We also added some juniper bushes and other drought-resistant native plants. Around the poplar trees, we made circles of lichen rock and planted hardy catnip.
Next, we bought a wooden mailbox post from Home Depot, stained it and replaced the ugly, bent metal pole and the dented mailbox as well. Amazing how much a nice mailbox can change the look of a place.
The two big exterior jobs we hired out. We got lots of recommendations and then had our driveway and walkway redone with brick pavers. The front step was unnecessary and removed completely, not to mention that the pavers raised the level of the walkway, so they went right up beneath the door.
We also contracted with a much-liked house painter, who scraped, sandblasted and repainted the whole place. We changed the base color to a sage green, while the shutters and trim were repainted the original forest green.
At my request, Steve built window boxes out of scrap wood, which he stained the same cherry red as the mailbox post. They turned out looking like store-bought flower boxes, which I'd priced at about $40 apiece. Ours were essentially free (other than the stain).
After: The Interior
And What We Did To It
Sorry some of these photos are a bit grainy and dark. I had a crummy camera at the time. But here you'll get an idea of what the changes looked like.....
This first photo is the small dining area. We removed the wallpaper from below the wainscoting and used two tones of terracotta-colored paint. We've also changed out the old light fixture above the dining table with a hanging lantern that was actually intended for exterior lighting.
Next is the living room area. Again, a bit difficult to see here, but we used the same two tones of terracotta. The darker color is on the side walls, the lighter color on the far wall and beneath the wainscoting that continues from the dining area (off to your right, out of view).
We almost completely redid the kitchen. Again, we used the terracotta colors on the walls, which really warmed things up. We replaced all the cabinets and the counter tops, doing all the labor ourselves. We also replaced the sink and the stove with stainless steal appliances and added an overhead microwave and a dishwasher. We tiled the backsplash. And though you can't see it in the photo, we even painted the interior of the pantry closet on the far left (out of view) with leftover earthy green from the office (photo below) and guest bedroom.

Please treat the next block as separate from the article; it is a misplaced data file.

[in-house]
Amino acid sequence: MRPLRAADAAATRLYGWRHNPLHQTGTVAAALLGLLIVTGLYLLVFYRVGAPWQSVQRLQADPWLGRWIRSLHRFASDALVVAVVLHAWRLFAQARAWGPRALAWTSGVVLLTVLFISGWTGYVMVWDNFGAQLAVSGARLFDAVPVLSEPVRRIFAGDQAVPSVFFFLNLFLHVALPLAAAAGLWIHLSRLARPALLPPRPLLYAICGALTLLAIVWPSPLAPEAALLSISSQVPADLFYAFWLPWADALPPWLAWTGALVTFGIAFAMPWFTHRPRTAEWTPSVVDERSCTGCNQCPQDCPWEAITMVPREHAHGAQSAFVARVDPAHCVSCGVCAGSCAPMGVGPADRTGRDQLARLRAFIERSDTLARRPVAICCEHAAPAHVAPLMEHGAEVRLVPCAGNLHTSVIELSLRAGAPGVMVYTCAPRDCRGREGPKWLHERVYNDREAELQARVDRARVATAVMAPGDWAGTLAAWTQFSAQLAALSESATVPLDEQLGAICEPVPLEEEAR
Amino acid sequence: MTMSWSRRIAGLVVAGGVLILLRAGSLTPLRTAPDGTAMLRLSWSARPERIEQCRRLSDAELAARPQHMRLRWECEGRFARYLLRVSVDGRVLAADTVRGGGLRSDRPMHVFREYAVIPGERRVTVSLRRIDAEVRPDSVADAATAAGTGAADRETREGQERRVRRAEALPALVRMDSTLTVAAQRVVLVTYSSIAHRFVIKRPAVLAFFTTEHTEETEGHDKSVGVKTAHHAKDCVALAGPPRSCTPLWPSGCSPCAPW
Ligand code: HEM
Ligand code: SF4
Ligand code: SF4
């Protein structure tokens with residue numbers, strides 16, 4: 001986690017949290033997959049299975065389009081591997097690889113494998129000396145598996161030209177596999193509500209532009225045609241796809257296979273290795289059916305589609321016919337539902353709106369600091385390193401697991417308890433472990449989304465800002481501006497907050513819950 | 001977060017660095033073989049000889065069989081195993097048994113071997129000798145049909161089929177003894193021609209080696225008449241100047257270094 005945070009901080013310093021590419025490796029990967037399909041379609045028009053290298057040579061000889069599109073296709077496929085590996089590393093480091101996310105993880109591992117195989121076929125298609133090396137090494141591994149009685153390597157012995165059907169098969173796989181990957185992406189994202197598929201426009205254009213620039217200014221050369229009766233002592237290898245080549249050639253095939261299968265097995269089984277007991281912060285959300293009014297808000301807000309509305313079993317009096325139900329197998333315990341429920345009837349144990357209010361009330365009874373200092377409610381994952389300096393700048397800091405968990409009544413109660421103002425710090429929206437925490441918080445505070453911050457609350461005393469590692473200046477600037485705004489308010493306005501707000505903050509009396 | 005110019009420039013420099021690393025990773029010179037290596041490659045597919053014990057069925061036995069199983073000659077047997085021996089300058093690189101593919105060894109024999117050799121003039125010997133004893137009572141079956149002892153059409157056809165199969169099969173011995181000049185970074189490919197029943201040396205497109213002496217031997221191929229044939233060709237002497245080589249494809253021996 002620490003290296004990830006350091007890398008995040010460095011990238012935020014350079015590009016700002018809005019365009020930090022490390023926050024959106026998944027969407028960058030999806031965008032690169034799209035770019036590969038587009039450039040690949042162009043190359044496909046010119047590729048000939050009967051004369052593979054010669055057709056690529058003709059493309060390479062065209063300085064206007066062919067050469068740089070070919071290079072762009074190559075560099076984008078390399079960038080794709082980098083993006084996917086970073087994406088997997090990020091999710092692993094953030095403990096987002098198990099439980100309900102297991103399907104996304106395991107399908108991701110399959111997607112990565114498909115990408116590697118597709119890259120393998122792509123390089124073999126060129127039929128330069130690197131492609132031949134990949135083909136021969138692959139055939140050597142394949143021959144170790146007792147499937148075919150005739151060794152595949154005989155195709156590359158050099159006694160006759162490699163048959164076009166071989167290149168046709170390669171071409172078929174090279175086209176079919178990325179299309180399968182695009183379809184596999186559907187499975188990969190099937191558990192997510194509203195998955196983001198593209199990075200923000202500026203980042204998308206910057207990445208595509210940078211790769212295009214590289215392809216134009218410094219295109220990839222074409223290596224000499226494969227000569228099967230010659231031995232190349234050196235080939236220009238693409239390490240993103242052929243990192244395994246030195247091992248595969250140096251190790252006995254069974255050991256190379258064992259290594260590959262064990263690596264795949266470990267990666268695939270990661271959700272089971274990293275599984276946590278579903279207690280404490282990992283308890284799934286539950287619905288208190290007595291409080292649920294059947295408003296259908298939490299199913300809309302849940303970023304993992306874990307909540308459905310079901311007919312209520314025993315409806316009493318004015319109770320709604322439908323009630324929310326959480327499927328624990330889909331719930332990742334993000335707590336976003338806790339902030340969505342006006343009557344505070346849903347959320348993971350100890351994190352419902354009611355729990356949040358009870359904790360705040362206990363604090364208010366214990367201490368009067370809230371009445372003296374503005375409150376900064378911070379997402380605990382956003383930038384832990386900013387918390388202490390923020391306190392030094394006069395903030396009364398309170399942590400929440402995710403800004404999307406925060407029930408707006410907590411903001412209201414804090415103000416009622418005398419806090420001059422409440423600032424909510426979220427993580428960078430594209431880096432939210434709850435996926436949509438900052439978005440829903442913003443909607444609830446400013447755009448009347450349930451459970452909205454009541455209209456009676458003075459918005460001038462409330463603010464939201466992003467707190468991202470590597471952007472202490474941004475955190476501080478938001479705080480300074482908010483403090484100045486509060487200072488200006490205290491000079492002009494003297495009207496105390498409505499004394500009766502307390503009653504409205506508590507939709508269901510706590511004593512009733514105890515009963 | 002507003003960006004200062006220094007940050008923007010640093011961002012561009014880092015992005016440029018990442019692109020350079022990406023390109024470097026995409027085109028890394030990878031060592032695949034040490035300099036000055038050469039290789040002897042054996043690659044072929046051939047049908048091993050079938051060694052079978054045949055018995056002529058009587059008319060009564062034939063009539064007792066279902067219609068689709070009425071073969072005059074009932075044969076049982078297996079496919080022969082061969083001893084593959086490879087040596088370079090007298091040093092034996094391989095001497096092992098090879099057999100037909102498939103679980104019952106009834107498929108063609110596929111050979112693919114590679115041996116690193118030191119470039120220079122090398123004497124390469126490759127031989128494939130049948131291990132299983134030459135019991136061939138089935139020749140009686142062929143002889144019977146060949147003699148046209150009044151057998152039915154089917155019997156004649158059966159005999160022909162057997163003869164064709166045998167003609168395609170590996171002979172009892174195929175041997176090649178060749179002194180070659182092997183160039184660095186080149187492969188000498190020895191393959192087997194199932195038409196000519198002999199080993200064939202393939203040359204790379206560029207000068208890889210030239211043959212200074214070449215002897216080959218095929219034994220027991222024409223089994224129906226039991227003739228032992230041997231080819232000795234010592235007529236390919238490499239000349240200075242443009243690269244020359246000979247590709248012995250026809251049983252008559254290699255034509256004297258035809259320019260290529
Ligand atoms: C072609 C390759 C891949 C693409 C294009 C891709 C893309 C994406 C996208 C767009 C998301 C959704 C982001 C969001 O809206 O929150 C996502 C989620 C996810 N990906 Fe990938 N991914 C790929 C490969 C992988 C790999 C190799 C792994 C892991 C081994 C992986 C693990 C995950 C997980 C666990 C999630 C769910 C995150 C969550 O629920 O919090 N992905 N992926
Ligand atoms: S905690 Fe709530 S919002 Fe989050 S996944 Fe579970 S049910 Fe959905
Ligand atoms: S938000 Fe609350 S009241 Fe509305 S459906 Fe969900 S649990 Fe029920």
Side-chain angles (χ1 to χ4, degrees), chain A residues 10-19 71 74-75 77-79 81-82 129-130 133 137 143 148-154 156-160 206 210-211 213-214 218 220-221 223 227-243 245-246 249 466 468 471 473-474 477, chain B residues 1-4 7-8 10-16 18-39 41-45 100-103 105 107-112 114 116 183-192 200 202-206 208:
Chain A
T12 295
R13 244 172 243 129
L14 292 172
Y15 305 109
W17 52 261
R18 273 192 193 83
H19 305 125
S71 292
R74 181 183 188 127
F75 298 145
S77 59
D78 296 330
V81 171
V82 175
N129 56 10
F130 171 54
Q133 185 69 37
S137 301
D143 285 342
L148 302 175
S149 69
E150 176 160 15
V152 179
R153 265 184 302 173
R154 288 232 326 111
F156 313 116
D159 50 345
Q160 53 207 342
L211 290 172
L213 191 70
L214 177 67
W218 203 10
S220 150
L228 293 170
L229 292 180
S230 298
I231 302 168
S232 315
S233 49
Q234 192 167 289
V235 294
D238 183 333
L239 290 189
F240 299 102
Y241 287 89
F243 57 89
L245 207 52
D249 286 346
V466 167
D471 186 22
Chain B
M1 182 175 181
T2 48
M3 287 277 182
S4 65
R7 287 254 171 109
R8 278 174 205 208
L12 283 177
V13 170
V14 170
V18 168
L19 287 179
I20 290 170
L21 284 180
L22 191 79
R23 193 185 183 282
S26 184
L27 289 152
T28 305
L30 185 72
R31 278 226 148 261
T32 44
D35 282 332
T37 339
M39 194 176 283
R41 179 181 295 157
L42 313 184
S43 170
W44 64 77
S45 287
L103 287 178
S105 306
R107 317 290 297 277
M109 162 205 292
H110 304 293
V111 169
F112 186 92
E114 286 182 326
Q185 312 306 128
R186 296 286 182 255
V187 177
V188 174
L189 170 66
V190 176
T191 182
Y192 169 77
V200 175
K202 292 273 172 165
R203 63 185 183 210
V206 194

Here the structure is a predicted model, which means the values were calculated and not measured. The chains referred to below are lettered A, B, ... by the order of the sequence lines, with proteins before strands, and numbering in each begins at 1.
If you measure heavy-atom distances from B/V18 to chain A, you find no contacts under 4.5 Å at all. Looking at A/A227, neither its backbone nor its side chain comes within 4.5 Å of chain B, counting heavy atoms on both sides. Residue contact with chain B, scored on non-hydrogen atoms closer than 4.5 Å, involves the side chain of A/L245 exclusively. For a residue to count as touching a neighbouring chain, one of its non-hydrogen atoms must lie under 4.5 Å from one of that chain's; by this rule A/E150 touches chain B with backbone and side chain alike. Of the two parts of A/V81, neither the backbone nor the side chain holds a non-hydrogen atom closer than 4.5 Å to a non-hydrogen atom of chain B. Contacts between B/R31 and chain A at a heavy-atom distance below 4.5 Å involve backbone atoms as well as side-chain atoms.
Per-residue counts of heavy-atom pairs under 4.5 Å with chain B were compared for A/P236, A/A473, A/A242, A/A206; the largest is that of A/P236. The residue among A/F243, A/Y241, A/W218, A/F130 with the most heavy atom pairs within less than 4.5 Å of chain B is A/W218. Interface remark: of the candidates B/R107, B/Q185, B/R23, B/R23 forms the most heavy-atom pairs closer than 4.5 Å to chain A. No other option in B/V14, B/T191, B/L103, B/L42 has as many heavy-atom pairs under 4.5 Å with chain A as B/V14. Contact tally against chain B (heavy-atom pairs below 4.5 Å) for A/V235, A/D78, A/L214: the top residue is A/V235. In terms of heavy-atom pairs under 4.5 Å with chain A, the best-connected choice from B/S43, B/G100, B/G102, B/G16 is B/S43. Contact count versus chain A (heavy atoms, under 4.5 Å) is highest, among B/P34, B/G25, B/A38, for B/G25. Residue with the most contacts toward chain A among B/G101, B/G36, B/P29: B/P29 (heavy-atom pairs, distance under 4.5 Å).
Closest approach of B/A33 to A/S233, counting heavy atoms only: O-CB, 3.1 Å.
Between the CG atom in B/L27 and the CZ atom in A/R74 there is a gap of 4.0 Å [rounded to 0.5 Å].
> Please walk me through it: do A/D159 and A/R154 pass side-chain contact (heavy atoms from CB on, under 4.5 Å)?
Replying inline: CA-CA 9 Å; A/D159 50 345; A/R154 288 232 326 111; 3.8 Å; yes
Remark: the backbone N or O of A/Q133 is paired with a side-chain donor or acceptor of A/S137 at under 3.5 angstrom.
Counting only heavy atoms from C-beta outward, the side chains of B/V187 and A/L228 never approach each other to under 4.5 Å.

Below is the bedroom we turned into an office/den. We replaced the stained blue carpet in all four bedrooms with a warm, neutral brown, which, if you looked closely, was mixed with a number of other colors.
We painted the walls in the third bedroom and adjoining office two tones of "earthy" green from the same color card and painted the trim, beams and built-in bookcases white.
There was a "trap door" (out of view) to the crawl space which was made out of cheap fiberboard and formerly painted bright blue. Steve built a very barn-like replacement door, stained cherry red.
Also, the double-door closet in this room was walled off (can't even tell it was there), while the interior wall of the closet was opened up to create a walk-in closet in the next room--the guest bedroom.
The master bathroom we painted a sage green, and the counter top and sink were replaced. We also added a white tile backsplash. Steve re-routed the main light switch, putting it inside the bathroom instead of out in the hall.
Out of view is a laundry alcove (far right), which was once quite messy looking, with exposed venting and hoses. That was all re-routed, re-drywalled and painted the same sage green as the rest of the bathroom. Steve made some new wood shelving, stained cherry, for above the washer/dryer, which we lined with wicker baskets for storage. It looked so nice, we removed the curtain rod that once hid the alcove.
This next area was completely re-done. The ugly utility closet became a second bathroom. Steve tore out the flimsy partition and built a regular wall, then added a door. He did all of the plumbing and interior electrical work also, which really saved us some money.
To your right, out of view, we added a second doorway to the guest bedroom, for easy access to the bathroom. To the left, also out of view, is the door to the backyard, with a window that lets in the light. The area was tiled and painted, and we used leftover travertine tile from my in-laws' house to make a one-row backsplash around the new bathroom vanity. The mirror we made ourselves, from a gilded frame and a separate, full-length mirror we got at a thrift store for a total of $5. Steve cut the glass to fit the frame.